He had made his mark and his first chart placement arrived soon after, his debut EP ‘Walk With Me’, entering the UK albums chart at number eight, quickly followed by ‘Facing Time’ also entering the Top Ten. 2017 saw ‘King of the North’, Bugzy’s most acclaimed project to date which cracked the Top 5 peaking at number four, and with each EP accompanied by ever growing sold out tours, national radio stations started to pick up on what the legions of fiercely loyal fans already knew - that Bugzy was a force to be reckoned with. To date his music has been streamed 200 million times, his YouTube channel has over 100 million views and his social reach exceeds over a million people, statistics which affirm Bugzy has arrived in the upper echelon of contemporary British artists

Now Bugzy is set to release his debut album ‘B. Inspired’. It’s a brutally honest collection in which Bugzy strips back his outer bravado to reveal the man behind the surface.

Unafraid to rap about issues which are be too painful to speak about in person, Bugzy’s tales pulsate with raw emotion. These are immediately relatable narratives: heart-breaking flashbacks to a traumatic childhood viewed from the perspective of an adult, and stories of everyday folk desperately battling against the tide – some swim to a brighter future, while others are submerged by overwhelming odds.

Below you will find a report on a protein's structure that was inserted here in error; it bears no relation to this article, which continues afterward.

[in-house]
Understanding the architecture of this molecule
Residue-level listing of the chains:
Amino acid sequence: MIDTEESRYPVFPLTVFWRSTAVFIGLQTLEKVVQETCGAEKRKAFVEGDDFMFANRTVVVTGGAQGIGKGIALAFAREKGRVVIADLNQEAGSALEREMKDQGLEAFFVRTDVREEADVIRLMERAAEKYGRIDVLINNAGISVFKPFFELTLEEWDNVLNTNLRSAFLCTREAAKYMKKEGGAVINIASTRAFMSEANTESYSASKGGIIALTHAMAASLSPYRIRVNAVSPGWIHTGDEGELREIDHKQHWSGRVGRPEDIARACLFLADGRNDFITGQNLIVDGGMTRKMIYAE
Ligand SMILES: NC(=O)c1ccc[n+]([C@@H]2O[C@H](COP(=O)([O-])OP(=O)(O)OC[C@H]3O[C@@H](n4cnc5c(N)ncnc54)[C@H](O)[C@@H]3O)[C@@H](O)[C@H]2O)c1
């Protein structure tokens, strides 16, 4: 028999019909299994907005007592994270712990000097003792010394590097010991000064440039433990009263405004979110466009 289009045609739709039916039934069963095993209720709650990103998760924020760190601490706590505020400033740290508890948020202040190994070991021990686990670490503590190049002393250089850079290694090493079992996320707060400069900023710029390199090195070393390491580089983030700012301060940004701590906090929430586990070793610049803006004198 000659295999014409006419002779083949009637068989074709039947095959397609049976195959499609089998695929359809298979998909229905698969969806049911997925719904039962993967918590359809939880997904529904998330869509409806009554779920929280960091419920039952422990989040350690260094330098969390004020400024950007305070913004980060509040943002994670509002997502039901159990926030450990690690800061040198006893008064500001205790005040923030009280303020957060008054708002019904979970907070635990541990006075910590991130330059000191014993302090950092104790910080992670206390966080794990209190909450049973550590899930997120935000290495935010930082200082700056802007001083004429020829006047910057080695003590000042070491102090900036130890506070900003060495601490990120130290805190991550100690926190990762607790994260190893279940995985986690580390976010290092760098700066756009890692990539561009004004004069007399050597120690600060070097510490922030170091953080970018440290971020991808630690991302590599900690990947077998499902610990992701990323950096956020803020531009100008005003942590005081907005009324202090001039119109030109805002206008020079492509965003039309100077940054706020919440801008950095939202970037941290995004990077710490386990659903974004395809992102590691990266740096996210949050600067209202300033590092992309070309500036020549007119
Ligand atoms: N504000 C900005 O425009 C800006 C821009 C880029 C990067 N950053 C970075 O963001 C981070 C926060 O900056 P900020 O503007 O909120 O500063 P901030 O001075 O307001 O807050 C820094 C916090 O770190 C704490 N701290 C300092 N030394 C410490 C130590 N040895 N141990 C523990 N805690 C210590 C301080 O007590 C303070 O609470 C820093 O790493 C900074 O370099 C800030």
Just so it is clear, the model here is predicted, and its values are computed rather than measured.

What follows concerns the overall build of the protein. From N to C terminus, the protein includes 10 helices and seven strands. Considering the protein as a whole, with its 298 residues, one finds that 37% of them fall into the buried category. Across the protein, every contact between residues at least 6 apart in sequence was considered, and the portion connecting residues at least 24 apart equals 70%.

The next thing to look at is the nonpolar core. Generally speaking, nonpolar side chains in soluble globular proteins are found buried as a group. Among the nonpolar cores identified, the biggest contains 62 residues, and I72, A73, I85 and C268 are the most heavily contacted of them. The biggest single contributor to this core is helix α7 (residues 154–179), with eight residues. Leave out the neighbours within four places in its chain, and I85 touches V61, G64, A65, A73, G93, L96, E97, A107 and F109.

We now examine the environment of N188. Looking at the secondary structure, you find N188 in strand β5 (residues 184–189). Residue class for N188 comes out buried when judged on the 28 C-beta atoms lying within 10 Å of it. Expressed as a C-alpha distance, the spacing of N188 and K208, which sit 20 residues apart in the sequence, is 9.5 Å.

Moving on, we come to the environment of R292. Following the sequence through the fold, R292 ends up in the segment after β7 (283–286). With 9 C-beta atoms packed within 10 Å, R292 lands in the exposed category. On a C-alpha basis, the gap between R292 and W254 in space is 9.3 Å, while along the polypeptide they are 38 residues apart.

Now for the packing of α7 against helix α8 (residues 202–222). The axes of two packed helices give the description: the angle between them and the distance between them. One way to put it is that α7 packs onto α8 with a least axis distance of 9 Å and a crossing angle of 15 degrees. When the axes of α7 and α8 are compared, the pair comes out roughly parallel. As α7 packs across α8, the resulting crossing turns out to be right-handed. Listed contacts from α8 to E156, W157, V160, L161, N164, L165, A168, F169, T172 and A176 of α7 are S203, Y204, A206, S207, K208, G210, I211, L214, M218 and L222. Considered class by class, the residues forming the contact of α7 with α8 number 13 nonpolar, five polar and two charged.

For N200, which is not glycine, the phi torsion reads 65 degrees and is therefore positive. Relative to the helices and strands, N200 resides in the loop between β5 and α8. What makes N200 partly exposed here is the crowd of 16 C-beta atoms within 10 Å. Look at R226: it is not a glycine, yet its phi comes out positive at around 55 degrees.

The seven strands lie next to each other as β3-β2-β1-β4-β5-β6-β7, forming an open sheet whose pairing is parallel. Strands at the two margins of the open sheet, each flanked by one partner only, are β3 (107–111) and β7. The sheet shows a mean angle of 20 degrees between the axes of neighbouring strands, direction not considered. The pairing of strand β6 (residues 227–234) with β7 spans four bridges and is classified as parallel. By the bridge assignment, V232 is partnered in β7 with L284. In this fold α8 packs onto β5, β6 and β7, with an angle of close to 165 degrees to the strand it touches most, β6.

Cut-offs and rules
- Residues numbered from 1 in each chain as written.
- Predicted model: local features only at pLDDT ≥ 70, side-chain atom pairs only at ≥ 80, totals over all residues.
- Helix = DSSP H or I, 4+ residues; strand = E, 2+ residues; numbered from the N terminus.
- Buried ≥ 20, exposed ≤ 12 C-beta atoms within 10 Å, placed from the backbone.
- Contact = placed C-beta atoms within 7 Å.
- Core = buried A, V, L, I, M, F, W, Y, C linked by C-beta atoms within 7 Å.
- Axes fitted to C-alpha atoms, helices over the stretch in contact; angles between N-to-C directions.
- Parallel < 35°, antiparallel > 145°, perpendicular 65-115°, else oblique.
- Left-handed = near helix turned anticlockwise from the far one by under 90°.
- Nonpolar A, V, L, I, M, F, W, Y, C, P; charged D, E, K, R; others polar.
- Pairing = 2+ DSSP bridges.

Above all, however, it’s a message of inspiration. If Bugzy can emerge from his background to become one of the nation’s most vital artists, he can also inspire the next generation to fulfil their potential.

“In those moments of feeling beaten up and like life wasn't even worth it, I'd come out of that situation and think, ‘I'm gonna be somebody when I grow up’,” he says. “I’m now in a place where I can speak to a lot of people and my whole ethos is switching on the belief switch in people's heads. If people take inspiration from that then it's priceless.”

Alongside focusing on his music, Bugzy has turned his attention to revamping the Moston & Collyhurst boxing gym that helped him so much as a troubled teenager. “I wanted to clean the place up so that parents, if they were taking their kids there, could take the place seriously,” he explains. Not only is he breathing new life into the gym, but also launching the ‘B. Foundation’, where he’s working with Manchester College so that underprivileged children can take Maths and English qualifications. “If 100 kids go through that door, and just 30 of them have a similar experience to me, then they've got massive building blocks to help them go on to their next life,” he says.

Had a different turn of events taken place, Bugzy Malone might have been doing armed robberies for a living, but instead he’s on a mission to champion young people who’ve been dealt a bad hand in life. “I’m now in a place where I can speak a lot of people and my whole ethos is switching on the belief switch in people's heads,” he explains. “If people take inspiration from that then it's priceless. I'm flicking as many belief switches as I possibly can.”